Time for a closer look at the next-gen Wi-Fi 6 wireless networking tech, which is slowly but surely appearing in access points and devices; does it make a difference?
Broadband infrastructure provider Chorus asked itself that same question, and I got to compare notes with network strategy manager Kurt Rodgers plus techies Bobby Dickson and Doneel Maran who have been testing Wi-Fi 6 gear to see what it offers.
Chorus has a vested interest in making sure that the fast performance UFB connections provide reach all the way to wireless user devices. Long story short, Wi-Fi 6 delivers in spades on that.
The speed bump comes via several improvements over older Wi-Fi standards. For example, the Wi-Fi 6 radio signals pack in much more information, and can be aggregated into wide bands so you get really high speeds under ideal conditions.
Chorus testing with a laptop using the Intel AX200 Wi-Fi 6 chipset using 160 MHz of bandwidth in the 5 GHz range hit 1.5 gigabits per second.
That's actually more than most wired home networks, which have maxed out at 1 Gbps for ages now.
Getting such high speeds from Wi-Fi can be quite involved however, whereas wired network connections consistently deliver the speed they're rated for, with low transmission delays which is what gamers love.
Finding the right spot for access points, and the height they are at can make a big difference because of where the antennas are on devices, and where they're pointed.
Chorus has been trialling its third generation of its Optical Network Terminal (ONT, or the box on the wall that the laser data signal ends at), which comes with a Wi-Fi router as well.
Testing showed that mounting the ONT on the wall with the antenna facing downwards, and set at a slight angle provided the best results. That's not obvious, and would've taken patient trial-and-error testing to figure out.
Rodgers' team has a large headcrab looking router from ASUS in the lab hooked up to an 8 Gbps HyperFibre UFB link.
It not only has an over-the-top design but is named accordingly as well: The Republic Of Gamers Rapture GT-AX11000.
The GT-AX11000 is a beefy box that's advertised as having a very high 11 Gbps theoretical aggregate throughput split between the 2.4 and 5 GHz radios.
It also costs a shade under a grand, more if you add ASUS AI Mesh satellites for increased Wi-Fi coverage in large houses.
I suspect the more understated Nokia Beacon 6 mesh system in the Chorus lab would be home designers' choice, if their internet providers make it available.
The Nokia boxes also feature tri-band Wi-Fi 6, which has a dedicated 5 GHz band for wireless mesh communication. This makes them easier to place around the house, as you don't need to pull Ethernet network cables to them for best performance.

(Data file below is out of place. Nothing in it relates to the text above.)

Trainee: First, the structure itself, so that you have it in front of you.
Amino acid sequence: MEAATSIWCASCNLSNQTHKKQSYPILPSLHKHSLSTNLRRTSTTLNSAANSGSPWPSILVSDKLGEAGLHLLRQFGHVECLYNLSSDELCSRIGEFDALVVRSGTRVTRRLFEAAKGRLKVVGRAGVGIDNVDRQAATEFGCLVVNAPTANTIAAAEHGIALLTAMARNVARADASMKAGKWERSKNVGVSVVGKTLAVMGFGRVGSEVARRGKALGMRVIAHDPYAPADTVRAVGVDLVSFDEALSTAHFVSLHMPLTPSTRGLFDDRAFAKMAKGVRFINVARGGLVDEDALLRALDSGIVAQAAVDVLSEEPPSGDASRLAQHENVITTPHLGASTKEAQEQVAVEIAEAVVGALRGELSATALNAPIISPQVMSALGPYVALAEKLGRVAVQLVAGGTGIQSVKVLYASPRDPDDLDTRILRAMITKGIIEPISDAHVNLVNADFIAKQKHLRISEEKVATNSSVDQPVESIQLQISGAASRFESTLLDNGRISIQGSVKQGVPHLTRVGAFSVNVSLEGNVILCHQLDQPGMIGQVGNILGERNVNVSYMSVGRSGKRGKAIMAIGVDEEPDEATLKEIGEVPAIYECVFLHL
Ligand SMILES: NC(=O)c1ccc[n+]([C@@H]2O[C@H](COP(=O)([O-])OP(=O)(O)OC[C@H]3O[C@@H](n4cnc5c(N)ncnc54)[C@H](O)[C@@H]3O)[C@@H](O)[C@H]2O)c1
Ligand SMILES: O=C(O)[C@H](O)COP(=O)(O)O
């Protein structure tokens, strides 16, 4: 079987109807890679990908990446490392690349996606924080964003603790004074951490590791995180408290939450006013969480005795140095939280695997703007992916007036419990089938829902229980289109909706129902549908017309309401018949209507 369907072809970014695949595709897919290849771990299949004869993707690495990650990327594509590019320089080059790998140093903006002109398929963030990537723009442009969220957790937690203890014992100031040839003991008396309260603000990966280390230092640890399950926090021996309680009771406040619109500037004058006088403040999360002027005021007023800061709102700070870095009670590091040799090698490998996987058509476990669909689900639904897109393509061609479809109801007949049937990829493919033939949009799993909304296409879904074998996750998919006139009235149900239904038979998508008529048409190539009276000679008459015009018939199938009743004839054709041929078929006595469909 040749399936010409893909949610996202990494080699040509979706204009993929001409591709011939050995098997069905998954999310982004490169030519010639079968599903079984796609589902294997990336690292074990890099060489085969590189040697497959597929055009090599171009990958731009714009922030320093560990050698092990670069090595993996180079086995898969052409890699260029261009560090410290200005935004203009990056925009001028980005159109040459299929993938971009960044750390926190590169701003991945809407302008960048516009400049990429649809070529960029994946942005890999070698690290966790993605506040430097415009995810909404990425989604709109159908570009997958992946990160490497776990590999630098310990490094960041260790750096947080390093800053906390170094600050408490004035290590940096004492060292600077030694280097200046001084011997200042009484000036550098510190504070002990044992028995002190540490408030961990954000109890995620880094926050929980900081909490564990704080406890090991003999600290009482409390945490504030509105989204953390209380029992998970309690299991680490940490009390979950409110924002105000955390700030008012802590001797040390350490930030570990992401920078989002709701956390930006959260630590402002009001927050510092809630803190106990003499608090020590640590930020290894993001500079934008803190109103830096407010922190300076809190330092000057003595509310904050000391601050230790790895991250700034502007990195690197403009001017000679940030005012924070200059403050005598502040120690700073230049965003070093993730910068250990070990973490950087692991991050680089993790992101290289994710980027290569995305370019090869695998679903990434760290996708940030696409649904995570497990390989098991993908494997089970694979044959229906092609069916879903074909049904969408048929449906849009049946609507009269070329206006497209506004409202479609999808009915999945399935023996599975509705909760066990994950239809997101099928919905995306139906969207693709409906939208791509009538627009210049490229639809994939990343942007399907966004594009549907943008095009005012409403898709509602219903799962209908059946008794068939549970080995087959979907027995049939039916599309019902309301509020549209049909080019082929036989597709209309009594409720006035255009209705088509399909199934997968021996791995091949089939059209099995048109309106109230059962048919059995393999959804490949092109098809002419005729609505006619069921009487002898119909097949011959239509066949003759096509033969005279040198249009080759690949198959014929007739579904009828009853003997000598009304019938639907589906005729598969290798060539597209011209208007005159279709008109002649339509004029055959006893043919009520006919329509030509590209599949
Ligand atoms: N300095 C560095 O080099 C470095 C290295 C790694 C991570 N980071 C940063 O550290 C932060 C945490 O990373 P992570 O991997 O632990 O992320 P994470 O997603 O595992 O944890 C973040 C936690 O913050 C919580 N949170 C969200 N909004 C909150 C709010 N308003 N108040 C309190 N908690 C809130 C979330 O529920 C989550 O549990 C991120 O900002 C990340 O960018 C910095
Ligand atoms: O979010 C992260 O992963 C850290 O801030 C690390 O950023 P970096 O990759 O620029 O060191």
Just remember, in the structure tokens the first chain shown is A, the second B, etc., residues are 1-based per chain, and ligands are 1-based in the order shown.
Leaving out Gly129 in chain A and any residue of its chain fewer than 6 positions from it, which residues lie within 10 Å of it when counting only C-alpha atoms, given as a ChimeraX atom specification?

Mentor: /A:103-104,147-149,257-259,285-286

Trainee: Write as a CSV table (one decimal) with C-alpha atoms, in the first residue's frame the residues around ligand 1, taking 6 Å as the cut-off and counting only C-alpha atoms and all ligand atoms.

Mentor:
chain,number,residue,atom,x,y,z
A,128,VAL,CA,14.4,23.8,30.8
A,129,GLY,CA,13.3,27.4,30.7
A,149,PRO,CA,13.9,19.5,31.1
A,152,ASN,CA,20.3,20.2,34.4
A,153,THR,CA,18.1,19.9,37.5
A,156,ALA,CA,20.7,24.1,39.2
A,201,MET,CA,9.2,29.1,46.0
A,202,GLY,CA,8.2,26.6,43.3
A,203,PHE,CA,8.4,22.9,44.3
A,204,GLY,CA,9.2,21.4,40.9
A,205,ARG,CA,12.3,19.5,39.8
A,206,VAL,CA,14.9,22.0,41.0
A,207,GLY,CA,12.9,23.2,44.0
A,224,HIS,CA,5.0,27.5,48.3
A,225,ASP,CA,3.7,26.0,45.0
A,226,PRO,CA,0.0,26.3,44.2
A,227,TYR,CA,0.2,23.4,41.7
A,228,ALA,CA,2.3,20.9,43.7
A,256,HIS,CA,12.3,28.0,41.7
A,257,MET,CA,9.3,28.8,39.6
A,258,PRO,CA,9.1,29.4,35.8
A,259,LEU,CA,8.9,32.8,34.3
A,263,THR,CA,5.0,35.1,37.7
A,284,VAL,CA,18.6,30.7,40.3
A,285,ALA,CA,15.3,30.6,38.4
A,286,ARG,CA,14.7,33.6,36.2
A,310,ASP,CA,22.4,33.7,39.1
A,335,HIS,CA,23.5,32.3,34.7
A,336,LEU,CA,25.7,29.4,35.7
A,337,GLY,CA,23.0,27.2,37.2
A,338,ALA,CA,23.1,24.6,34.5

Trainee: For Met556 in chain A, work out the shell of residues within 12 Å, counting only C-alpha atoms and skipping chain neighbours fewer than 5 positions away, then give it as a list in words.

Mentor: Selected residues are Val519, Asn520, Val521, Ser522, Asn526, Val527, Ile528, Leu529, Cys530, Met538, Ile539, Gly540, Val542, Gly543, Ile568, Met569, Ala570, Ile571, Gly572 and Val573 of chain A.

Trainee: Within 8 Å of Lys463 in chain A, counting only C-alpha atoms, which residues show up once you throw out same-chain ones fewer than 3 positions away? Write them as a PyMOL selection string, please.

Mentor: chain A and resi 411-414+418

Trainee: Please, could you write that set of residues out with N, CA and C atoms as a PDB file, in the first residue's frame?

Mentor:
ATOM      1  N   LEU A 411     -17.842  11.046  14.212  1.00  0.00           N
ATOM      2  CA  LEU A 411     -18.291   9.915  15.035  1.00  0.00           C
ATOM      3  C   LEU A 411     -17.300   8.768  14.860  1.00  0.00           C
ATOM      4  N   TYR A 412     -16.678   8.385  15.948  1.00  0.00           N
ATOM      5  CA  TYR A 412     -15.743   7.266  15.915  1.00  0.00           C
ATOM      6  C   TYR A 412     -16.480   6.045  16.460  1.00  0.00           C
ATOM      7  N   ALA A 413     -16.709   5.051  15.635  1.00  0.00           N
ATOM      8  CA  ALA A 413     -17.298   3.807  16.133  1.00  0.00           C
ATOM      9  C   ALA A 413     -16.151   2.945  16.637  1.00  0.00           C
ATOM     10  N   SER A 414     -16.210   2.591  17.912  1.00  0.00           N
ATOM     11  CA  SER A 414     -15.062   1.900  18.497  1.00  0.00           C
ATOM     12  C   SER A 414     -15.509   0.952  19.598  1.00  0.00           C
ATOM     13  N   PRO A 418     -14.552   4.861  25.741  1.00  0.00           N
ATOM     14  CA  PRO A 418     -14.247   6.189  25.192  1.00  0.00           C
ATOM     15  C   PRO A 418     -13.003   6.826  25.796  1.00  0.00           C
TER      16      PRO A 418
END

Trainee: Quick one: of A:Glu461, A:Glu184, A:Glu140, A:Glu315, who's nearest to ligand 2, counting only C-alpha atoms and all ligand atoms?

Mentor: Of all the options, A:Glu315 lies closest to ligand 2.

Cheaper dual-band mesh Wi-Fi in comparison shares the 5 GHz band for wireless data backhaul, which halves the maximum possible speed. Tri-band Wi-Fi 6 is the way to go, but it's not cheap and the access points are bigger as well.
Wi-Fi 6 has much improved multi-user capabilities compared to earlier Wi-Fi versions and can, among other things, direct wireless signals to user devices with moveable antennas like 4G and 5G mobile cell sites do, a feature called beamforming.
Being able to connect more devices wirelessly and sharing the available bandwidth fairly and with low lag is probably the performance-boosting Wi-Fi 6 feature users will appreciate the most, rather than big speed numbers as such.
Processing large amounts of data at high speeds requires plenty of computing prowess in devices. That means more power usage, which heats up devices, as I discovered with wired 10 Gbit/s Ethernet adapters.
For some tests, Rodgers said the techies put the devices in the fridge to keep them cool and performing optimally. Obviously not a practical cooling technique for everyday use, but good ventilation for Wi-Fi 6 devices is a must.
There's more to come with Wi-Fi 6 too: it looks like New Zealand will be able to piggyback on the United States, and get Wi-Fi 6 devices that use the uncongested 6GHz band once the government approves it.
Called Wi-Fi 6E or 802.11axe, it provides another 14 80MHz or seven 160 MHz channels of nice and clear 6 GHz spectrum.
Using 6 GHz spectrum for wireless backhaul could be a game changer: ASUS has an E variant of the Rapture router that rated at theoretical speeds of up to 4.8 Gbps for both the 5 and 6 GHz bands.
Even when you take off overheads, that sort of speed should be enough to future-proof your home network for 8K TV and more until 2024 or thereabouts. That's when Wi-Fi 7 is expected to come out, which might just make wired home networking a thing of the past.